8. Originally Posted by chris319
Originally Posted by jagabo
In my program the difference is never more than 2 units on each subchannel. The vast majority only differ by 1.
Your program uses 16-bit ints for Y, U and V and gets the errors down to zero.
Just because it uses16 bit shorts to hold the YUV values doesn't mean the YUV values are 16 bit. It uses only 10 of the 16 bits (ie, the values are always between 0 and 1023). If you remove the *4 and /4 (or change them to *1 and /1) then it only uses 8 of the 16 bits.

At 10 bits the round trip is 100 percent lossless. At 8 bits about 5/6 of the RGB values differ from the original. Never by more that 2 units of R, G, and/or B.

Originally Posted by chris319
The issue is that you can't go from 8 bit integer RGB to 8 bit integer YUV and back to 8 bit integer RGB without errors.
Why don't you write this program out in compilable form using 8 bits for Y, U and V, including a main() function? I'm having trouble coverting your C. I can add the part that evaluates the magnitude of the errors.
Because it's already written. All you have to do is remove the *4 and /4.
9. Here is a program written in PureBasic which analyzes the errors in RGB/YUV round-trip conversions. It uses the avisynth code described here: http://avisynth.nl/index.php/Color_conversions

The maximum error for each of the R, G and B channels is +/- 1 for any set of coefficients (601, 709, 2020, NTSC). This is not a count of the errors; it is the maximum deviation from the original RGB values.

Good enough for me.

Code:
```OpenConsole()

;BT.709 CONSTANTS
#Kr = 0.2126: #Kg = 0.7152: #Kb = 0.0722

;REC 601 CONSTANTS
;The Cb And Cr samples are unsigned
;#KR = 0.299: #KG = 0.587: #KB = 0.114

;NTSC CONSTANTS
;#KR = 0.30: #KG = 0.59: #KB = 0.11

;BT.2020 CONSTANTS
;#Kr= 0.2627 : #Kg= 0.678 : #Kb= 0.0593

Maxrederror = 0
Maxgreenerror = 0
Maxblueerror = 0

Global Rd.a,Gd.a,Bd.a,R1.a,G1.a,B1.a
Global U.a, V.a, Y.a

Procedure rgb_to_yuv()
;avisynth code
;http://avisynth.nl/index.php/Color_conversions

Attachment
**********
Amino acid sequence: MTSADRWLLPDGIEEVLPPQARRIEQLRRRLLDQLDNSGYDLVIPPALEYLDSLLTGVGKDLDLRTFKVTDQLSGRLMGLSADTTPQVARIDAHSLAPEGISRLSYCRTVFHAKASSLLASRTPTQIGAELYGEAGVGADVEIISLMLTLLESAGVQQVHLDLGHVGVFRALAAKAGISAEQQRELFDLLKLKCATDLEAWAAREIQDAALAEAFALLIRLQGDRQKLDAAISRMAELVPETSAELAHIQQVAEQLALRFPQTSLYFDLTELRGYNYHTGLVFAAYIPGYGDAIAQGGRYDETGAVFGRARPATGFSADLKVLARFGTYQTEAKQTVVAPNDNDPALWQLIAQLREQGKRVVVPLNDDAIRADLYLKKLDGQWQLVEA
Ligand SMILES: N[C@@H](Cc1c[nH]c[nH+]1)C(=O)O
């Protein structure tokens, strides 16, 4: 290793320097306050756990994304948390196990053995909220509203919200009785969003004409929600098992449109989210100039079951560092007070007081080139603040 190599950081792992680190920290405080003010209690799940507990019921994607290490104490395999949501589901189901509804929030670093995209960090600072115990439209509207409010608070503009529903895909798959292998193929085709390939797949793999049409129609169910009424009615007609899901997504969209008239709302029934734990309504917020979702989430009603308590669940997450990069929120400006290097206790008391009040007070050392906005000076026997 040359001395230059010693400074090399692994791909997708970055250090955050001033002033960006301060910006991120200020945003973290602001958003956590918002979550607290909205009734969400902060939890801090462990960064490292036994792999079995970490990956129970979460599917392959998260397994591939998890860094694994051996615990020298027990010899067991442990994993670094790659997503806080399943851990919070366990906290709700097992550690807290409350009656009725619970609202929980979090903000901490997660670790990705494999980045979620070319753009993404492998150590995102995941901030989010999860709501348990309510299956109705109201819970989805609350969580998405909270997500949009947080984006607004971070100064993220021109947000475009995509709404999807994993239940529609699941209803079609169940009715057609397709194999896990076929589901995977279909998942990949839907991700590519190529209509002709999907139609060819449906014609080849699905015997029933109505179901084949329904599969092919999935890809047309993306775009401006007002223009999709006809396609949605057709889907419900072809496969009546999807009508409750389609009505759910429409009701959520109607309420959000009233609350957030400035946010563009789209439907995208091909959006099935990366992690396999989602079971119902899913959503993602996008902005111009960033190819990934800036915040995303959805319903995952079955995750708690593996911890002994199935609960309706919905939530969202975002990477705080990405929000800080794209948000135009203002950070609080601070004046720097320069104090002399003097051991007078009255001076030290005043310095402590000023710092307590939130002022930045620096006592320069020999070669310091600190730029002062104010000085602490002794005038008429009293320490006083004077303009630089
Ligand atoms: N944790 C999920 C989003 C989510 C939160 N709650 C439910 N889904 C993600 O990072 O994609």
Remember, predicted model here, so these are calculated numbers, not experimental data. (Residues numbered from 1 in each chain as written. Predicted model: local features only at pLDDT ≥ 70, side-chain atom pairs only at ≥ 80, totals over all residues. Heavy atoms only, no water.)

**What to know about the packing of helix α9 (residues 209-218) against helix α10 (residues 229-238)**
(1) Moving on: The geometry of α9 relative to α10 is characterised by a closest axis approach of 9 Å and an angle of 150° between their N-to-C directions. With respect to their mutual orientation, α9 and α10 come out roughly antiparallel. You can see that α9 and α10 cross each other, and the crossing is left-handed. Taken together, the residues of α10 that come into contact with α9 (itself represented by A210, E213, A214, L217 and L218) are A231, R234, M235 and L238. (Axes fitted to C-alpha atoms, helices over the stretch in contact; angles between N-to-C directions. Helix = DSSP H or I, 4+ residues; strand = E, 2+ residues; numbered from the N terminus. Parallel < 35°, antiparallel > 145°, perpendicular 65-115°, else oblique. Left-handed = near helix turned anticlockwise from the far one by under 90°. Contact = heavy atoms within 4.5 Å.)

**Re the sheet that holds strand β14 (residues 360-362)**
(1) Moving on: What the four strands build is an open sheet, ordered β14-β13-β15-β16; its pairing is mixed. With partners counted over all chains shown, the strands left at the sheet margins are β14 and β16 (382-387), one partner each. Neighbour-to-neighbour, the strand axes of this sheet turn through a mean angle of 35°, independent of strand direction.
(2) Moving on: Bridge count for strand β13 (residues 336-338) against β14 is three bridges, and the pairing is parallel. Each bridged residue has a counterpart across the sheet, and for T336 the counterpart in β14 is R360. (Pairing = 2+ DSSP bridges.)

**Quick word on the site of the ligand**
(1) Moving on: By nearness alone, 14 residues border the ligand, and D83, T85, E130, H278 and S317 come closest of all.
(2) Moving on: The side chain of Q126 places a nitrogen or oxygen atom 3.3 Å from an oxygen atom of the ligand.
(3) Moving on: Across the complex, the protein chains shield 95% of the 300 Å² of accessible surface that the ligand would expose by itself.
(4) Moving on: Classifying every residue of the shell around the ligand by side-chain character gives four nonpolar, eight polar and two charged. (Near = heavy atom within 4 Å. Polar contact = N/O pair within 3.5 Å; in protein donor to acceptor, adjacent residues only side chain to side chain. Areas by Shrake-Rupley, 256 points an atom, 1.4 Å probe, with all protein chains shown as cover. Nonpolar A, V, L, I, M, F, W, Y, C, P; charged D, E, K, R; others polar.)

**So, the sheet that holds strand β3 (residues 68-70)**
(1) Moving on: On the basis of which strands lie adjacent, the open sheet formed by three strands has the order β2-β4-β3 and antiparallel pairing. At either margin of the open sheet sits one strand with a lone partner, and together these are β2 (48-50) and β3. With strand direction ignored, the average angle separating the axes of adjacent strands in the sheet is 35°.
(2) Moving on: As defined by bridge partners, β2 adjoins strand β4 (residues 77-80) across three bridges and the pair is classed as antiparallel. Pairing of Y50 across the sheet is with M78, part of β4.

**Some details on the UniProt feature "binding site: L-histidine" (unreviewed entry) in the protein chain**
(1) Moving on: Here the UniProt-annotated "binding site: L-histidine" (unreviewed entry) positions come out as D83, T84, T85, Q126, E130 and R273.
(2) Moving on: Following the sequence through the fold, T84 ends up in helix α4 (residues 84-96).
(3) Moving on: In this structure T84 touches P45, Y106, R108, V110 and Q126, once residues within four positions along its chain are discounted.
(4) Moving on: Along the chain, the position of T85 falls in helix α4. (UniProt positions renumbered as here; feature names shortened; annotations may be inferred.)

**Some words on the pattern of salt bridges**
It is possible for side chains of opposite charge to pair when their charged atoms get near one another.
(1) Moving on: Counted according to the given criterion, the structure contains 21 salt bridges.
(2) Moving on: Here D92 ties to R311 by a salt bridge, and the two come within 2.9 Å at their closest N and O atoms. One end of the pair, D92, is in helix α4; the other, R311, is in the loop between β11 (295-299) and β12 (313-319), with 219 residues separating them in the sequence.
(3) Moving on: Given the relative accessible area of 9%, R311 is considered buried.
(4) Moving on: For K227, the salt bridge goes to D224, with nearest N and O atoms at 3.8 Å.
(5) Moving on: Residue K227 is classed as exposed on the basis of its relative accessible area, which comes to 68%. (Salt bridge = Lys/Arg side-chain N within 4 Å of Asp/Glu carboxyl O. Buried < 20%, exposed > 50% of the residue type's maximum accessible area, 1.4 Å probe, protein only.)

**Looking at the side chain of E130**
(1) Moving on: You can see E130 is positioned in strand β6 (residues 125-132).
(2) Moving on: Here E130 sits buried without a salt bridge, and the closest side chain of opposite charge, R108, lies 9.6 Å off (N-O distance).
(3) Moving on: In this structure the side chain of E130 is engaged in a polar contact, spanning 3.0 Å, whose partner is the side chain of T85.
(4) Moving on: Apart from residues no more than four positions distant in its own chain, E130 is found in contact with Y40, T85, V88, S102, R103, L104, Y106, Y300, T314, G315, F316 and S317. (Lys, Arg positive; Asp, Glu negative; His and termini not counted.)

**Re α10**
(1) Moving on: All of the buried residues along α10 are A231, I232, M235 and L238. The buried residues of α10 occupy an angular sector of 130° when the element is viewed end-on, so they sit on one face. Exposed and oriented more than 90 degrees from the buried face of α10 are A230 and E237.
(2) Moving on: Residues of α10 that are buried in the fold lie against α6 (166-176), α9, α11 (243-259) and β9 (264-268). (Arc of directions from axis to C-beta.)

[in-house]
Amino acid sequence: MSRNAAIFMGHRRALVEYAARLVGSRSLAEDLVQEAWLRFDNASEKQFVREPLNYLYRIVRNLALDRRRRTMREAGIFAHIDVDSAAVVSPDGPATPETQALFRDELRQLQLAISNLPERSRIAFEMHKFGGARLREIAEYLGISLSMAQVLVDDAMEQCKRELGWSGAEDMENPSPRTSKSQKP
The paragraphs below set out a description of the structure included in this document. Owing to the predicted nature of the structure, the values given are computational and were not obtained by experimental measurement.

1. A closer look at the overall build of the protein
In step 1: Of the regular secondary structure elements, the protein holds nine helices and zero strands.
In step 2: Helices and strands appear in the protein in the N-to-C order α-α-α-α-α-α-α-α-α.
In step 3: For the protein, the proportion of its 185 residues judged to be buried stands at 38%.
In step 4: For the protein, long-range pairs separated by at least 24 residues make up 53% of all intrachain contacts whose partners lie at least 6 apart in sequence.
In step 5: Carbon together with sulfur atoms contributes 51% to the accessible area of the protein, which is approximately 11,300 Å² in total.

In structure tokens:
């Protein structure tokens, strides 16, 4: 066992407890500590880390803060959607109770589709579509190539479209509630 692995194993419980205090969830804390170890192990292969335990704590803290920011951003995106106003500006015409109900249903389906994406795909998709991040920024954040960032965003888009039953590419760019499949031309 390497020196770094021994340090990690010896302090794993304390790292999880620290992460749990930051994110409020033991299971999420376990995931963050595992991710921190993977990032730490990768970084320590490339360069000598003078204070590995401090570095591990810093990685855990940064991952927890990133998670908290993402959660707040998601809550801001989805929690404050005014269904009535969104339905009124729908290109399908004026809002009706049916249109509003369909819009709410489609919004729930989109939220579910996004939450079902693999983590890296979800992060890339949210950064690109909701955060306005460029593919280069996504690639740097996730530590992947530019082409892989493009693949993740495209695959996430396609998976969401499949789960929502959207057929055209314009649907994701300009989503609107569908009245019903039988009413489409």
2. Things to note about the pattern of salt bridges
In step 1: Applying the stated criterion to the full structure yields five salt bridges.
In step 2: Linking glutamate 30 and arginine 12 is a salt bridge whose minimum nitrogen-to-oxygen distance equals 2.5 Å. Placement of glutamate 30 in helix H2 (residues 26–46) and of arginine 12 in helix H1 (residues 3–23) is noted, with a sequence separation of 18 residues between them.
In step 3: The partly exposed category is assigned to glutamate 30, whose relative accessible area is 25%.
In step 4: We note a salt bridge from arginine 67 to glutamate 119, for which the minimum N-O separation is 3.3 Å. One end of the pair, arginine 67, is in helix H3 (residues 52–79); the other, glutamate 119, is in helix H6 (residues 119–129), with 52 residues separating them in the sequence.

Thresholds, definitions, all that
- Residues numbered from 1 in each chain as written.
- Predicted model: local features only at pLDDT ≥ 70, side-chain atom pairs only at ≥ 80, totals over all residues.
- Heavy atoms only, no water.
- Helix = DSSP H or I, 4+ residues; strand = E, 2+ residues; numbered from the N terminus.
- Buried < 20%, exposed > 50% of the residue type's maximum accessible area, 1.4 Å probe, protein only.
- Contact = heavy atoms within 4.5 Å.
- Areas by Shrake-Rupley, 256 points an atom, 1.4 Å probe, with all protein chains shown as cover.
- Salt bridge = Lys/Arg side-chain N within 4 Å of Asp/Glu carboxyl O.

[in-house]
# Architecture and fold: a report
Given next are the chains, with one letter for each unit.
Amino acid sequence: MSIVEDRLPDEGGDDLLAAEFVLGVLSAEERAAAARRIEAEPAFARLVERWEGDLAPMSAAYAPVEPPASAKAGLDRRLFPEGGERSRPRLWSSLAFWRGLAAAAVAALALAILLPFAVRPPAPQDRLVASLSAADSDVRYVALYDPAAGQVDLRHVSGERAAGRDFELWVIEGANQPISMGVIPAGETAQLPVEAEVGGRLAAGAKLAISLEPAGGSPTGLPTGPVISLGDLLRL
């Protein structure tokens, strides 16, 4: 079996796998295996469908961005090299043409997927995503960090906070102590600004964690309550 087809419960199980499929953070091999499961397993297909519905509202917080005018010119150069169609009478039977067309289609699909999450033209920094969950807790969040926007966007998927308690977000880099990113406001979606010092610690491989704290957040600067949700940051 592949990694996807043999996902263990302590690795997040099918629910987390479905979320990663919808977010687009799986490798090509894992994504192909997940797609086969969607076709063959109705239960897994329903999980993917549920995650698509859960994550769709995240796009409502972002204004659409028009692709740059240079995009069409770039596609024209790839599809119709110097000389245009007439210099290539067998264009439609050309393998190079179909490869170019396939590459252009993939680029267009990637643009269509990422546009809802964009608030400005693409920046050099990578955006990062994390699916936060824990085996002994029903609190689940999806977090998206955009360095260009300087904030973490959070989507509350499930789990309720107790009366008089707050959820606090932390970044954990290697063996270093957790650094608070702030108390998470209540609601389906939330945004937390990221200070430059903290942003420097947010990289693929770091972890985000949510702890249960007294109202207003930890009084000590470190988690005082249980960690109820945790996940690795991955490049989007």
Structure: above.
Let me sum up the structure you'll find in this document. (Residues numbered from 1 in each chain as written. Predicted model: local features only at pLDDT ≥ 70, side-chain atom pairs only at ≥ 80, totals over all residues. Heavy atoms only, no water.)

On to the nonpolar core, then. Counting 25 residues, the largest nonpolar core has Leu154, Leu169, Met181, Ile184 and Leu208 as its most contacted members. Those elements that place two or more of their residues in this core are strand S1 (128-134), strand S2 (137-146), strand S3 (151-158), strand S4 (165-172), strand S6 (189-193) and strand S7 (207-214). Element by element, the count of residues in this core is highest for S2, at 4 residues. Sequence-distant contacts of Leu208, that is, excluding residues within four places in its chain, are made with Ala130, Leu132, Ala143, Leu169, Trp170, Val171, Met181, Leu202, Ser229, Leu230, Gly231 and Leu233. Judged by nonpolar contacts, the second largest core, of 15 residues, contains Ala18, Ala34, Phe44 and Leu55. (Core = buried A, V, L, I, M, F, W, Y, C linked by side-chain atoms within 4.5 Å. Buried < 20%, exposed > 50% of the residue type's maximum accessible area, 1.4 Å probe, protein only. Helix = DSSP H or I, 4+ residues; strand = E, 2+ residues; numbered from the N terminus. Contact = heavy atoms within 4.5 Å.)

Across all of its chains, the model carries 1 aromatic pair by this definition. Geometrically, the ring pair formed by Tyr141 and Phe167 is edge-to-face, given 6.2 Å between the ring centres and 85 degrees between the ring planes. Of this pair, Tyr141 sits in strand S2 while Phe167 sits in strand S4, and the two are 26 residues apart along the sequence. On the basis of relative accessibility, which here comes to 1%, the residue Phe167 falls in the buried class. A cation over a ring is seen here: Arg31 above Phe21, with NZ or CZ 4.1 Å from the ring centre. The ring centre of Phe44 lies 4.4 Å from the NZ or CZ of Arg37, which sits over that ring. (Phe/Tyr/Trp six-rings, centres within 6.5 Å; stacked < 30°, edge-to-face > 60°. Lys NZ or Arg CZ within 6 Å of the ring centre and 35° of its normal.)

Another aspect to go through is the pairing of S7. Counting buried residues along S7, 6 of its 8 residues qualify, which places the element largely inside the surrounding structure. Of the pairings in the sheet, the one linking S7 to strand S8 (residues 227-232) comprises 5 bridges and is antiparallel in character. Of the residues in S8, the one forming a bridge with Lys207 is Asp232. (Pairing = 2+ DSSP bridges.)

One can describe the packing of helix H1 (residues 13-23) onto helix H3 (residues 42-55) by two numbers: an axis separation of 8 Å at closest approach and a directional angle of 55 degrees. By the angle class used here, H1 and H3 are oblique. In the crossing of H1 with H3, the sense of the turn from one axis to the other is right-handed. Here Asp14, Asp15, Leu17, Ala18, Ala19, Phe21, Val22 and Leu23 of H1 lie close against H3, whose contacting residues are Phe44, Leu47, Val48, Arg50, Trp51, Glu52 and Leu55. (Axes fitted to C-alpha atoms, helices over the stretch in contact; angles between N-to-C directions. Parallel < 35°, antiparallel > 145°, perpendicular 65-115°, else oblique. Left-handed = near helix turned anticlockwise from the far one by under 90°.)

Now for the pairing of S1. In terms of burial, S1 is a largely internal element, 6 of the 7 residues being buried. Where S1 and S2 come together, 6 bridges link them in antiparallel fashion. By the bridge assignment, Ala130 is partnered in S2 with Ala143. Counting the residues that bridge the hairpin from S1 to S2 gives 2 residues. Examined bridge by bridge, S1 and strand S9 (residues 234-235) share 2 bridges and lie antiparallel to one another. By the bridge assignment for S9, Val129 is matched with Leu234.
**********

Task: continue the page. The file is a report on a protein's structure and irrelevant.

Y = #Kr*R1 + #Kg*G1 + #Kb*b1
V = 0.5*R1 - 0.5*G1*#Kg/(1-#Kr) - 0.5*b1*#Kb/(1-#Kr) + 128
U = -0.5*R1*#Kr/(1-#Kb) - 0.5*G1*#Kg/(1-#Kb) + 0.5*B1 + 128
EndProcedure

Procedure yuv_to_rgb()
;avisynth code
;http://avisynth.nl/index.php/Color_conversions
Rd = y + 2*(v-128)*(1-#Kr)
Gd = y - 2*(u-128)*(1-#Kb)*#Kb/#Kg - 2*(v-128)*(1-#Kr)*#Kr/#Kg
Bd = y + 2*(u-128)*(1-#Kb)
EndProcedure

G1=0:B1=0
For R1 = 1 To 254
rgb_to_yuv(): yuv_to_rgb()
If Rd-R1 > maxRedError: maxRedError = Rd-R1:EndIf
If R1-Rd > maxRedError: maxRedError = R1-Rd:EndIf
Next
PrintN("Max red error: "+Str(maxRedError))
PrintN(StrF(maxredError*100 / 235,2)+"%")
Print(Chr(10))

R1=0:B1=0
For G1 = 1 To 254
rgb_to_yuv(): yuv_to_rgb()
If Gd-G1 > maxGreenError: maxGreenError = Gd-G1:EndIf
If G1-Gd > maxGreenError: maxGreenError = G1-Gd:EndIf
Next
PrintN("Max green error: "+Str(maxGreenError))
PrintN(StrF(maxgreenError*100 / 235,2)+"%")
Print(Chr(10))

R1=0:G1=0
For B1 = 1 To 254
rgb_to_yuv(): yuv_to_rgb()
If Bd-B1 > maxBlueError: maxBlueError = Bd-B1:EndIf
If B1-Bd > maxBlueError: maxBlueError = B1-Bd:EndIf
Next
PrintN("Max blue error: "+Str(maxBlueError))
PrintN(StrF(maxblueError*100 / 235,2)+"%")

Repeat
Delay(100)
Until Inkey() <> ""```
10. You only tested pure reds, pure greens, and pure blues. Only 763 of the >16M colors.